The fine balance between law, market and science is disturbed by the phenomenon of products containing Cannabidiol (CBD) these days.

There are CBD products all over the place and so many myths and testimonials about Cannabidiol’s medicinal properties that it’s virtually impossible to back it all up by science.

Medicine simply can’t manage to run all the necessary experiments to present us with a clear picture of how powerful CBD’s healing properties really are.

Such experiments sometimes require years to conduct before the public is supplied with the digested data.

On the other hand, the business of products based on CBD is skyrocketing as more and more people opt for natural and herbal remedies instead of products of the pharmaceutical companies.

CBD is allegedly used to alleviate pain, treat anxiety and depression, strengthen the immune system, fix sleep and eating disorders, induce weight loss and even treat Parkinson, cancer, and epilepsy.

It’s surprising that it (still) doesn’t cure AIDS, but hey… give it time.


On one side of the spectrum, there are conspiracy theories, or maybe even facts, that the big pharma holds back and manipulates the information on CBD that the media presents us with.

On the other side of the conspiracy, spectrum lie narco cartels which supposedly power the independent media to advertise the medicinal use of Cannabis and thus CBD.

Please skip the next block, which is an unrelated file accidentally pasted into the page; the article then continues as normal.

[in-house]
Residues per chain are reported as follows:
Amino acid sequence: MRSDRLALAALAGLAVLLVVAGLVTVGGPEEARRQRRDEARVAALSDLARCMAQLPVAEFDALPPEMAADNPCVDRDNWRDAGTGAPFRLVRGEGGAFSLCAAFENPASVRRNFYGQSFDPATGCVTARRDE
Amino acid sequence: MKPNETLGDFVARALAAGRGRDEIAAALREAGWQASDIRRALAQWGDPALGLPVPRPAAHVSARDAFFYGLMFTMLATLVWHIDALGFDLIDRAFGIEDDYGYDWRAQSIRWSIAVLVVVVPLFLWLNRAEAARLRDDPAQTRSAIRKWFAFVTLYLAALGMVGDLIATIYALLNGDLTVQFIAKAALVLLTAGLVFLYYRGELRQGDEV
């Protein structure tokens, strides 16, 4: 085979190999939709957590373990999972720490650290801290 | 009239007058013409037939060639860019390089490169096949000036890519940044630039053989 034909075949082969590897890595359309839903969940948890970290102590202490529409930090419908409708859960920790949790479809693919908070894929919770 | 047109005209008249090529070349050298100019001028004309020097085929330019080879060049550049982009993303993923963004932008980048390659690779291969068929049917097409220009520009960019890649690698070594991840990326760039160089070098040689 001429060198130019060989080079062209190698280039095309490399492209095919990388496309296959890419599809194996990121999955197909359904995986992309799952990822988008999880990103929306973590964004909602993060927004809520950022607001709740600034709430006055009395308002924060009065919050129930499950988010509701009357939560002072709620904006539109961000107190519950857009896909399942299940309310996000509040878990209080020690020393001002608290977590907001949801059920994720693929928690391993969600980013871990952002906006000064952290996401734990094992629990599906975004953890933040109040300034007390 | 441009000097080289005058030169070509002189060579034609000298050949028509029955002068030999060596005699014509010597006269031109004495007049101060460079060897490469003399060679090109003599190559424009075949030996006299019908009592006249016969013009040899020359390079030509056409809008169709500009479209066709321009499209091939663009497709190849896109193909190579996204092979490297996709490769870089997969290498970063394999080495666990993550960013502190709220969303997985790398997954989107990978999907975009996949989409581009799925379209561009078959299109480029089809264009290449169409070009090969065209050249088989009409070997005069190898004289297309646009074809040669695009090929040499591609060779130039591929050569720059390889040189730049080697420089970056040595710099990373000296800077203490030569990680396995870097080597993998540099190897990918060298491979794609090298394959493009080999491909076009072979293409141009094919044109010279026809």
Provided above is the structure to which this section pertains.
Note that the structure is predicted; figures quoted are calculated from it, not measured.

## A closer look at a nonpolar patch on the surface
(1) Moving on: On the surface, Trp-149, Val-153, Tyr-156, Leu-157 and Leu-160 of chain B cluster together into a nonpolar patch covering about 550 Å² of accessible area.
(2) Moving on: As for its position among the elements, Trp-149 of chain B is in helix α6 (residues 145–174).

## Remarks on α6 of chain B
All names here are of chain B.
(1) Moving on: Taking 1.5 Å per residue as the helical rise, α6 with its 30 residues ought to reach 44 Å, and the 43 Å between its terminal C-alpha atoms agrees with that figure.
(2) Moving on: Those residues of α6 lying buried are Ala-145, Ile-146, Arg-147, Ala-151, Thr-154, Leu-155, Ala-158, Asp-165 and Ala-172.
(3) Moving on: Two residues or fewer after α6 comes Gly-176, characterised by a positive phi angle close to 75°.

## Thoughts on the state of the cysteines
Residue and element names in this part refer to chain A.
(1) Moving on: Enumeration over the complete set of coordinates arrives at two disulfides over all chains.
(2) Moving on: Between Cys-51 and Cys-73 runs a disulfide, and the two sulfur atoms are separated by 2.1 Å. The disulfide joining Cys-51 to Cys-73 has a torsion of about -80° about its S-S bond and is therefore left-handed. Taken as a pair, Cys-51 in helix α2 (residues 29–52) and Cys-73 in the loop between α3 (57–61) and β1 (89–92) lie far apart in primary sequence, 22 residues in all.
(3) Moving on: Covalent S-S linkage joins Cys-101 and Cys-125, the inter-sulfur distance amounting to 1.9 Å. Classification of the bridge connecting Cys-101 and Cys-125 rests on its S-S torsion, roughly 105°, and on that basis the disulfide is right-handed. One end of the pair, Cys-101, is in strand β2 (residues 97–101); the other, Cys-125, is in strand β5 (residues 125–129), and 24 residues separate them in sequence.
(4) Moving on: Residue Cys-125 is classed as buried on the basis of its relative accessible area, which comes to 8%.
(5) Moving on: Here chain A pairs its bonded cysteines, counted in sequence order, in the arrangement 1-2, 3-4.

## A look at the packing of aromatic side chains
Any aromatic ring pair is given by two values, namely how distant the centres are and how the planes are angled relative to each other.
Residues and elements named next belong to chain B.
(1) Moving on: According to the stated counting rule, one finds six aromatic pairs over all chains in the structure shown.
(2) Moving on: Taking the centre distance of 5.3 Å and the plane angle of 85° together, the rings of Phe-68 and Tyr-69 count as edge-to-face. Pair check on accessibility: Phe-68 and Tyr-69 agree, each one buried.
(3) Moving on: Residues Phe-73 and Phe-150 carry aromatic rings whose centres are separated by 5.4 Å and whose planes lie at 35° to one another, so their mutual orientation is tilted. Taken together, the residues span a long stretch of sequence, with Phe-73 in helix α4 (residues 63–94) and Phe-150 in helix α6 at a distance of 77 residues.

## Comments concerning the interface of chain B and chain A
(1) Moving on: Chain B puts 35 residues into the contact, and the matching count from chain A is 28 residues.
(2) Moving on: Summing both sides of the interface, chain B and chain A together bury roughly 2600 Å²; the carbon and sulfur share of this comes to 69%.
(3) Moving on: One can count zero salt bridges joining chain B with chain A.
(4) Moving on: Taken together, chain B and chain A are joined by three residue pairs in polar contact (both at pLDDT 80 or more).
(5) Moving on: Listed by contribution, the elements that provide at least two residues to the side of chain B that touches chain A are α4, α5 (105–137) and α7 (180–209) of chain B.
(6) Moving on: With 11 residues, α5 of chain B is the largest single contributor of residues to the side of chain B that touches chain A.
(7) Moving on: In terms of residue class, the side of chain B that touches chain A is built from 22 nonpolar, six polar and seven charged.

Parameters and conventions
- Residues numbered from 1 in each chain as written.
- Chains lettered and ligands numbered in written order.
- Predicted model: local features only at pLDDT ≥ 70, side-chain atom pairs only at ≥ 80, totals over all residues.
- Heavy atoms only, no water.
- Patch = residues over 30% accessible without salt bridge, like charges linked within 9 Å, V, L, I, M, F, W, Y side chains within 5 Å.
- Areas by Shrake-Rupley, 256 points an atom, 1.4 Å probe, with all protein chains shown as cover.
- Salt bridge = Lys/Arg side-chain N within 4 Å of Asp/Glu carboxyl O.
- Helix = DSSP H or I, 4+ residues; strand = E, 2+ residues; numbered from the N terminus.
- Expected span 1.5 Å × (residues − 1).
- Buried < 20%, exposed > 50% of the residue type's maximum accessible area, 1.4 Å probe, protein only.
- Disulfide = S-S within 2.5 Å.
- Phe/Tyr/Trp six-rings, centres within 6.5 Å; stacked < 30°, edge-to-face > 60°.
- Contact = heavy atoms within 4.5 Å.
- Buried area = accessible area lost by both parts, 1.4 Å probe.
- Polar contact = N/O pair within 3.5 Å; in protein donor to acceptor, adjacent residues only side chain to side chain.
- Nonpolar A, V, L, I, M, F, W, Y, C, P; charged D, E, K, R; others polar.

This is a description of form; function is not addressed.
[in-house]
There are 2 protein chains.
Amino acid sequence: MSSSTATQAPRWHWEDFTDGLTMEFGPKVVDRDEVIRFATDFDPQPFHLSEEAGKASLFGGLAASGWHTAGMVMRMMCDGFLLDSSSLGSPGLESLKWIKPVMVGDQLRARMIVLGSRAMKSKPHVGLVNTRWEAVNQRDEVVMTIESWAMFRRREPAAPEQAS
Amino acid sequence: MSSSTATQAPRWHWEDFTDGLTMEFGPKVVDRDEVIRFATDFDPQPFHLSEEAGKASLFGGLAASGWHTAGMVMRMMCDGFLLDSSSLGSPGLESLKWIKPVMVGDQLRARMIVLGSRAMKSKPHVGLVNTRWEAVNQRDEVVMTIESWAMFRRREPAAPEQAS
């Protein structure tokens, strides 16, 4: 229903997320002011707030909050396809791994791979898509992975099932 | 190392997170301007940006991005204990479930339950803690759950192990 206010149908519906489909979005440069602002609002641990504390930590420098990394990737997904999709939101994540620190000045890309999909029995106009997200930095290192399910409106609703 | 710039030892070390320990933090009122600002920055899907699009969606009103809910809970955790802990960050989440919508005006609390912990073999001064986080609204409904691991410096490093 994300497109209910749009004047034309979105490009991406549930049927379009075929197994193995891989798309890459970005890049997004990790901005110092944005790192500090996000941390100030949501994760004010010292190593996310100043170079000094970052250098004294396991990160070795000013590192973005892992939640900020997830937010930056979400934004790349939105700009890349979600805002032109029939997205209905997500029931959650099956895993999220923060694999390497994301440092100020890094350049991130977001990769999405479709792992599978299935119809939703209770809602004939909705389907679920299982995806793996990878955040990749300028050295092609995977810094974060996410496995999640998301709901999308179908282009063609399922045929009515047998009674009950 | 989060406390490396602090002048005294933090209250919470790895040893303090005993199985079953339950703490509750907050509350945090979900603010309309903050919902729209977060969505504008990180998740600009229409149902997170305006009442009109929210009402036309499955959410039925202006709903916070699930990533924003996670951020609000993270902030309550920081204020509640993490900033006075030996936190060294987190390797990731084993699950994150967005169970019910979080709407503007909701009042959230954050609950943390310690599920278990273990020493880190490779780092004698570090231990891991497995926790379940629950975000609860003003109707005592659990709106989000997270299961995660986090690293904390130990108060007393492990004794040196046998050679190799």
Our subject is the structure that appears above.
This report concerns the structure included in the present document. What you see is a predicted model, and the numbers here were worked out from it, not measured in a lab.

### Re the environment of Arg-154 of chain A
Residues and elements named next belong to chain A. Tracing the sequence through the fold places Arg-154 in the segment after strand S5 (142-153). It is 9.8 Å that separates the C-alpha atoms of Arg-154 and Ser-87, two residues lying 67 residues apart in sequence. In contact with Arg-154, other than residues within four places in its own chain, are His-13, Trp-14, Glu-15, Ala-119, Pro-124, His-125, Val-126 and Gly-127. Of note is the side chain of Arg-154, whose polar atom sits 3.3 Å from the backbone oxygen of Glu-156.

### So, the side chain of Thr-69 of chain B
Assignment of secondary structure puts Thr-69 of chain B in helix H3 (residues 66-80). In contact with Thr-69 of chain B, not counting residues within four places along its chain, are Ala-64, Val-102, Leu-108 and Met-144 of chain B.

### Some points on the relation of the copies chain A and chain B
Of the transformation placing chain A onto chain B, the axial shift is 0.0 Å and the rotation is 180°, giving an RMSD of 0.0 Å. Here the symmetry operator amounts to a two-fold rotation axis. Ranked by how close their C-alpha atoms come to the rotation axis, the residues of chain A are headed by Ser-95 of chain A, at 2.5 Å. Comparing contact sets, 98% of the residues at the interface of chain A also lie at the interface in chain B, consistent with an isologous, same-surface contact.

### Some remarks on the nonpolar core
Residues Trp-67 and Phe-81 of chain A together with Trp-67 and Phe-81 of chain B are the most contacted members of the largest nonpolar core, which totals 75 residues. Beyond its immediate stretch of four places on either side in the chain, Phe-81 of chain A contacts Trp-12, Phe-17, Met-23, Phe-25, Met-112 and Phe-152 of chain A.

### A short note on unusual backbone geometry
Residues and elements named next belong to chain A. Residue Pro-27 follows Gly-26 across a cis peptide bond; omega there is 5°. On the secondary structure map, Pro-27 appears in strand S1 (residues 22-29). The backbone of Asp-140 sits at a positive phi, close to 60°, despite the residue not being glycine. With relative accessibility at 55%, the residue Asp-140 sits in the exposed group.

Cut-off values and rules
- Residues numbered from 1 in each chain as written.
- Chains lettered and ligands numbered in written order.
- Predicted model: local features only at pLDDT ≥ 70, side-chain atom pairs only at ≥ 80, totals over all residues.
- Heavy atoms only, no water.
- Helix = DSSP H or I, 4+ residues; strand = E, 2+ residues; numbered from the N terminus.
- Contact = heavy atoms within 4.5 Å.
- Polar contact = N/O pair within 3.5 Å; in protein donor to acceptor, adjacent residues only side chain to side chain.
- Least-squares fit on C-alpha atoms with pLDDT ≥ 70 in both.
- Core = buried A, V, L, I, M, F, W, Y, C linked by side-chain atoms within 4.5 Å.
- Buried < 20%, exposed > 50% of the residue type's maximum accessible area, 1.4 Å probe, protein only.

It has become a question of ideology and bribe. Even the scientific community falls apart with more and more scientists pleading for the use of CBD.

Third conspiracy theory implies that the pharma and the private plantations are actually working together.

Complete decriminalization of cannabis would supposedly lead to elimination of expensive medicine and would also cause a major decline of CBD product’s prices.

lf it is legal, why would you pay tons of bucks for something you can grow on your lawn?

The services of undercover dealing industries would become obsolete.

These are just some of the questions concerning the business of CBD, however, the whole enterprise gets more and more complicated since CBD is actually in a gray area when it comes to the law.


CBD is a natural chemical component of hemp and cannabis that’s not psychoactive. In other words, it won’t get you high.

Since it doesn’t contain the illegal psychotropic component THC that’s found in cannabis, CBD is not explicitly prohibited by law.

Of course, its legality fluctuates from one state to the other as there’s still no consensus on it.

The 2018 Farm Bill decriminalized the production and sale of extracts of hemp and hemp itself. According to federal law, hemp can’t contain more than 0,3 % of THC.

Anything above the stated percentage is classified as marijuana and it’s thus treated as a schedule 1 drug by the Drug Enforcement Administration which makes it illegal.

The problem in production is that a crop can accidentally grow marijuana stacked with THC because of pollination and reproductive processes.